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Clubhouse gets banned in Oman

People had been using the app to criticize the government.

Chat app Clubhouse is no longer available in Oman. The government claims the ban is due to a lack of license, but activists believe it is censorship.

Speaking to news website WAF, the Omani telecoms regulator said the app was blocked for “lack of proper authorization.”

“Similar communication applications must obtain a permit from the authority,” the Omani Telecommunications Regulatory Authority said. An article on WAF says the Omani government “prohibits the use of several encrypted VOIP applications without an official license.” That’s the case in several other countries in the Gulf.

Activists believe the blocking of Clubhouse has nothing to do with licensing; it is the government blocking an app where citizens can freely discuss controversial political topics.

“The government of Oman takes the authoritarian government of as a role model and bans … Clubhouse which has been used by Omanis as a space to express their opinions freely without government censorship,” said the Omani Association For Human Rights, in a statement to Reuters.

The Chinese government blocked access to Clubhouse in February.

Clubhouse is a San Francisco-based app launched in early 2020. It allows users to hold discussions via audio messages, which the company claims it does not record. An invite is required to join the app. It became increasingly popular after and Vlad Tenev, Robinhood’s CEO, held discussion on the app.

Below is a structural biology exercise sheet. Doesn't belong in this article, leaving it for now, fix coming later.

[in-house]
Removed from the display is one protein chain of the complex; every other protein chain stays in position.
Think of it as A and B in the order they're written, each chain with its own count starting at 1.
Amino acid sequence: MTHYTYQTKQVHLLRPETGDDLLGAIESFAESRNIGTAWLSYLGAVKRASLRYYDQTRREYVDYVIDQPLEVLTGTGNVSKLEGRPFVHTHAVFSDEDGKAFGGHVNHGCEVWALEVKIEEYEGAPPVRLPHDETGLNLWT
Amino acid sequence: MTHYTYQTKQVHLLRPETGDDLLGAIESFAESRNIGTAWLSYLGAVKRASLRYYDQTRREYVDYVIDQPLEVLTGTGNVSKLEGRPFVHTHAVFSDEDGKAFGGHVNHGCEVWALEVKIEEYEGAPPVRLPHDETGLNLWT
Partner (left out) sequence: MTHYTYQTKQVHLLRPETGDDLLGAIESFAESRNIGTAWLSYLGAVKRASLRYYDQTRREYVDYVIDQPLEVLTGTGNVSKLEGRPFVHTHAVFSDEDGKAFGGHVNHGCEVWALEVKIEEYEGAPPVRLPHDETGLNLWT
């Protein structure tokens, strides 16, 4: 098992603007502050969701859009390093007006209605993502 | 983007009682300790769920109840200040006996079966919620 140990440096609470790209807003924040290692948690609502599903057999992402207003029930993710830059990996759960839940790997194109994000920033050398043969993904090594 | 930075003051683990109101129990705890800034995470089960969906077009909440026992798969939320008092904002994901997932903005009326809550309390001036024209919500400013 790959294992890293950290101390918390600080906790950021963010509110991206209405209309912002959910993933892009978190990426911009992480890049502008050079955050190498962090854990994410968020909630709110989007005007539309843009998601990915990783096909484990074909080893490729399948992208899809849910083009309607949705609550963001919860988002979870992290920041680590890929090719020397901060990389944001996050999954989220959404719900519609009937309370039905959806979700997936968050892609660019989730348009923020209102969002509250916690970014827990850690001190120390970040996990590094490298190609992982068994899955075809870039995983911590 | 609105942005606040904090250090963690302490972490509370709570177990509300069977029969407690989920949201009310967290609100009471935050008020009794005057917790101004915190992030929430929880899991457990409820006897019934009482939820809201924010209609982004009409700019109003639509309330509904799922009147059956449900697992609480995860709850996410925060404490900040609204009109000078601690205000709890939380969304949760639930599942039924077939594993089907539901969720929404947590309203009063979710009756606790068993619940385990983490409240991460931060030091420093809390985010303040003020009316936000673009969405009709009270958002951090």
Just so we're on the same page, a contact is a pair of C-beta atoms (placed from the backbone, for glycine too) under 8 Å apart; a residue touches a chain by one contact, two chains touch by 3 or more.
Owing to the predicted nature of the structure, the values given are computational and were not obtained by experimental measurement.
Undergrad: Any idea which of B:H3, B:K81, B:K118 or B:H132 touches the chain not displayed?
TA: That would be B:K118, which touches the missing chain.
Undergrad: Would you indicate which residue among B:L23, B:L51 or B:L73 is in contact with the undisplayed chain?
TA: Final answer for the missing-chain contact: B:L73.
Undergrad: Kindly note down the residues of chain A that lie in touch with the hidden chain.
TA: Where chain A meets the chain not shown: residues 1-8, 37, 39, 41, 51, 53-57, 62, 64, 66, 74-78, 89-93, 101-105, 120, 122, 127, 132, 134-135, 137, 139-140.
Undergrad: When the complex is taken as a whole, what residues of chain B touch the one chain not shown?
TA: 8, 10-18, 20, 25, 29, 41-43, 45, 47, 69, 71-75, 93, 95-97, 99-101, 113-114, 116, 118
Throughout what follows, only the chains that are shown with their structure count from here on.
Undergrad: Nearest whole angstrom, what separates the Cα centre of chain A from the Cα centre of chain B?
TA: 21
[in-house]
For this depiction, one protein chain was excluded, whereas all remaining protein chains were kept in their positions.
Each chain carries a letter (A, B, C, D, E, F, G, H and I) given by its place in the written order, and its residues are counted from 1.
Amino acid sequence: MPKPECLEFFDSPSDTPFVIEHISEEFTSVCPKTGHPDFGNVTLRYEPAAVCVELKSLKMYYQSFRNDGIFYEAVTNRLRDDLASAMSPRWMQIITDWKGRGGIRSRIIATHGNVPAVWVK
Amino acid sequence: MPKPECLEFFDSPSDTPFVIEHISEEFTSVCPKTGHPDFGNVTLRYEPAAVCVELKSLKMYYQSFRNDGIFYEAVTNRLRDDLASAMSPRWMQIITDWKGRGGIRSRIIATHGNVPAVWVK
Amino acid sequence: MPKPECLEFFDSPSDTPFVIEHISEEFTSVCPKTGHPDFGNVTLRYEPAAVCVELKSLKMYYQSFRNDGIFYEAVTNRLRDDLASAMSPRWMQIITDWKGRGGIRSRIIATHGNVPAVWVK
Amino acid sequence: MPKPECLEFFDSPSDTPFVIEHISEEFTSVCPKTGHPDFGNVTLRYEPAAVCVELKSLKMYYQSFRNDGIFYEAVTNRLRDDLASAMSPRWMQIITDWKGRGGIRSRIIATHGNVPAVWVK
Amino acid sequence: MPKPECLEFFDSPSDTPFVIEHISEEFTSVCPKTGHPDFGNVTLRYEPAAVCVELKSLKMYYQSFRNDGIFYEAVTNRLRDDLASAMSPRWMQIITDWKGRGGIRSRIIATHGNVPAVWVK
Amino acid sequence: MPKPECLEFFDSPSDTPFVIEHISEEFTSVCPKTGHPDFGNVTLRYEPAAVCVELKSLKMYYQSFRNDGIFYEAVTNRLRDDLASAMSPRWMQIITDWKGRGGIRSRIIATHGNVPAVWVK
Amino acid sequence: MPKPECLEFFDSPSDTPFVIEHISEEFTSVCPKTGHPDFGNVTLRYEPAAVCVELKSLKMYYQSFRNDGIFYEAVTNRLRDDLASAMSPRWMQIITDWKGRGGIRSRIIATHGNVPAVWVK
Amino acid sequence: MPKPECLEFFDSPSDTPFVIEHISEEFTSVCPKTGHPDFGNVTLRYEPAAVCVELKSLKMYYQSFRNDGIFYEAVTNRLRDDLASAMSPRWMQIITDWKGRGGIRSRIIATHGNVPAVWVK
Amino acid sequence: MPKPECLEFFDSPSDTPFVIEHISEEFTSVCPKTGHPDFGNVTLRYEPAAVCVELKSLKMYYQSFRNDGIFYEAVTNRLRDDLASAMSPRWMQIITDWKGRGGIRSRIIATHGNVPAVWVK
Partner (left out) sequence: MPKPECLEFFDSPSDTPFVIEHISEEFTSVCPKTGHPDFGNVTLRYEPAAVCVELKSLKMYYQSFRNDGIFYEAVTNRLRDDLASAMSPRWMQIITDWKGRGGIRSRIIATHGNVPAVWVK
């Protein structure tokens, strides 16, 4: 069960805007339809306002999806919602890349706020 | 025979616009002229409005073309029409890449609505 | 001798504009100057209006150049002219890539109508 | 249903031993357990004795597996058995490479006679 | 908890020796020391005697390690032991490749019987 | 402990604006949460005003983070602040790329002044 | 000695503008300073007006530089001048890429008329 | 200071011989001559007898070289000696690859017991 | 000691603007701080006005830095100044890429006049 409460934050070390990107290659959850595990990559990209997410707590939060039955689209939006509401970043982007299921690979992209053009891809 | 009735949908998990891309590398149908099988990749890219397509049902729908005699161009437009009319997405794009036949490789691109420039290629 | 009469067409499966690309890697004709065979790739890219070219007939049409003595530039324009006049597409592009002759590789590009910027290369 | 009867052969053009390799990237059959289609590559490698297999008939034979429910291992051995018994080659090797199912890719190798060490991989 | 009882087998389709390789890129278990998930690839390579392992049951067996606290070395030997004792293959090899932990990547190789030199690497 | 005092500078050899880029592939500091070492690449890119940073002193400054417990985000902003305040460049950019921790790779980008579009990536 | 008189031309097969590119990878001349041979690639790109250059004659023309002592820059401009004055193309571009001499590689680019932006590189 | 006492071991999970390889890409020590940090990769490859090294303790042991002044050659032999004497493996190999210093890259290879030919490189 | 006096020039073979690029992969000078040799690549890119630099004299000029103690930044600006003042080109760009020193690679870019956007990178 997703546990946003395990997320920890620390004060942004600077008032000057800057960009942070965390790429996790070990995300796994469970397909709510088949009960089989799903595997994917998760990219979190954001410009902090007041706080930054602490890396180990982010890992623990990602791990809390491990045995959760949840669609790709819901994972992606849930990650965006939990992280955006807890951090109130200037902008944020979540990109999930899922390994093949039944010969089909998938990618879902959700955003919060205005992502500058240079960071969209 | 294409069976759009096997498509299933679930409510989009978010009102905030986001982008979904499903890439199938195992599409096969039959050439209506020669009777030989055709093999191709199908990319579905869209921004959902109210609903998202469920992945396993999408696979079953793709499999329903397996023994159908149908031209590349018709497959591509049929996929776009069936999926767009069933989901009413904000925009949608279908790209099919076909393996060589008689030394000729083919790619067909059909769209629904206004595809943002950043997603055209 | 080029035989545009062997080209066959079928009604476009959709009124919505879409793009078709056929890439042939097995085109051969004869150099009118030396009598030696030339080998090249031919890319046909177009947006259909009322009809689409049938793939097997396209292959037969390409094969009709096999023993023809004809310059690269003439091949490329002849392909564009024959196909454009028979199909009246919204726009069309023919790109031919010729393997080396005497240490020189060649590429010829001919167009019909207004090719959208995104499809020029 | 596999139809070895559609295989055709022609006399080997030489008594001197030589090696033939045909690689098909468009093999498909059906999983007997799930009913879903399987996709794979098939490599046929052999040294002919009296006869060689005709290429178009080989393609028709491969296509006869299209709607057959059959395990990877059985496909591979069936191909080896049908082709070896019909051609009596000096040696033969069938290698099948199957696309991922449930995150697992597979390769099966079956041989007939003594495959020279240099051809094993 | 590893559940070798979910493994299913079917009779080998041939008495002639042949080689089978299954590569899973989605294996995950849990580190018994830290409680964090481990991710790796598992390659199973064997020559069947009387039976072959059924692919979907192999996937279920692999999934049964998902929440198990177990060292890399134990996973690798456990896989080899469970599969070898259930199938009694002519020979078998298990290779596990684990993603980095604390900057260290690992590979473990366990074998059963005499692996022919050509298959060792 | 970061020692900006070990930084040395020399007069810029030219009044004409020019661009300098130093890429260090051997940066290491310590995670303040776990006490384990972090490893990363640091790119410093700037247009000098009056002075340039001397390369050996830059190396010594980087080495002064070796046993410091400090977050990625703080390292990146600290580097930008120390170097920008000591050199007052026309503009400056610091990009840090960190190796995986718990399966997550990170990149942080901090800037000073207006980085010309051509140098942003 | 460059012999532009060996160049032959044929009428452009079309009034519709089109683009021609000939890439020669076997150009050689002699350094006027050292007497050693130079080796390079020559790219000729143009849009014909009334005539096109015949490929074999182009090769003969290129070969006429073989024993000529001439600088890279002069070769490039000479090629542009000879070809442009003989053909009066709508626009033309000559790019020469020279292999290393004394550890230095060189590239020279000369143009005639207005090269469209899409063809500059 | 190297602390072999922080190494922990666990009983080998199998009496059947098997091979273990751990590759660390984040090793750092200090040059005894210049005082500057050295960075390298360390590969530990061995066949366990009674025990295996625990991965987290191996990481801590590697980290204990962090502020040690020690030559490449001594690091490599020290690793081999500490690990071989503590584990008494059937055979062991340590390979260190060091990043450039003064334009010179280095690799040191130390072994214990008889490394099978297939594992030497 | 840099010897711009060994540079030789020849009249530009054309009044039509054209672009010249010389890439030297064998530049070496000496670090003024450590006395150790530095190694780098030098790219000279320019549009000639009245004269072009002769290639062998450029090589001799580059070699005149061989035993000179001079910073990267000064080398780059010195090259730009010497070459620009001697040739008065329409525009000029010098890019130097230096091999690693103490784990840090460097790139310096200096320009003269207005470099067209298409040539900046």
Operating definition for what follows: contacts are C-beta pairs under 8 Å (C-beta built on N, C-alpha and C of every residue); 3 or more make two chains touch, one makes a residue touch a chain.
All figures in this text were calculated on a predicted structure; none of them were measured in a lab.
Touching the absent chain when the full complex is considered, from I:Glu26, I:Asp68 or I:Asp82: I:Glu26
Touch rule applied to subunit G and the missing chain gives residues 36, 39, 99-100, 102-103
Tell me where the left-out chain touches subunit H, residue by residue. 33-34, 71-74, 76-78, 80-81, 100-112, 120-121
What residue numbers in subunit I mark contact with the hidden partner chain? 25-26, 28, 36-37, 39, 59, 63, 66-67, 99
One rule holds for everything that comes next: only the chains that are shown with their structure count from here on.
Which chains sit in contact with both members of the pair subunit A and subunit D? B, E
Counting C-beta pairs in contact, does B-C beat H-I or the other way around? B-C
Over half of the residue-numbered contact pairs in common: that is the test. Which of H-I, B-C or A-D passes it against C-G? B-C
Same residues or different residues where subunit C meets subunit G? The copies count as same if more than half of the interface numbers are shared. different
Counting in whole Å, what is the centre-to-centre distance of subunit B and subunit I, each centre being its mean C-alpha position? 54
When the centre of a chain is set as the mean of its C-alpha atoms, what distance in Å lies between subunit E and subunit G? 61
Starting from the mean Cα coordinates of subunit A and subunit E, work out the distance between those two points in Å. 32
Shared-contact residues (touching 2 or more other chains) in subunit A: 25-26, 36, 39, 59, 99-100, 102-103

The nature of the app has made it popular in Arab countries, where governments monitor social media activity; people risk getting arrested for criticizing the government.

Hashtags about the government blocking Clubhouse were trending on social media platforms in Oman. Users shared screenshots of their Clubhouse app showing an “error message.”

“I hope that the suspension of the Clubhouse app in Oman is a result of technical issues and not a formal ban,” Omani writer Zakaria al-Muharrmi wrote on .

“Preventing people from speaking and listening to others does not protect societies, but rather increases tensions and pushes them into the abyss of chaos and confrontation.”

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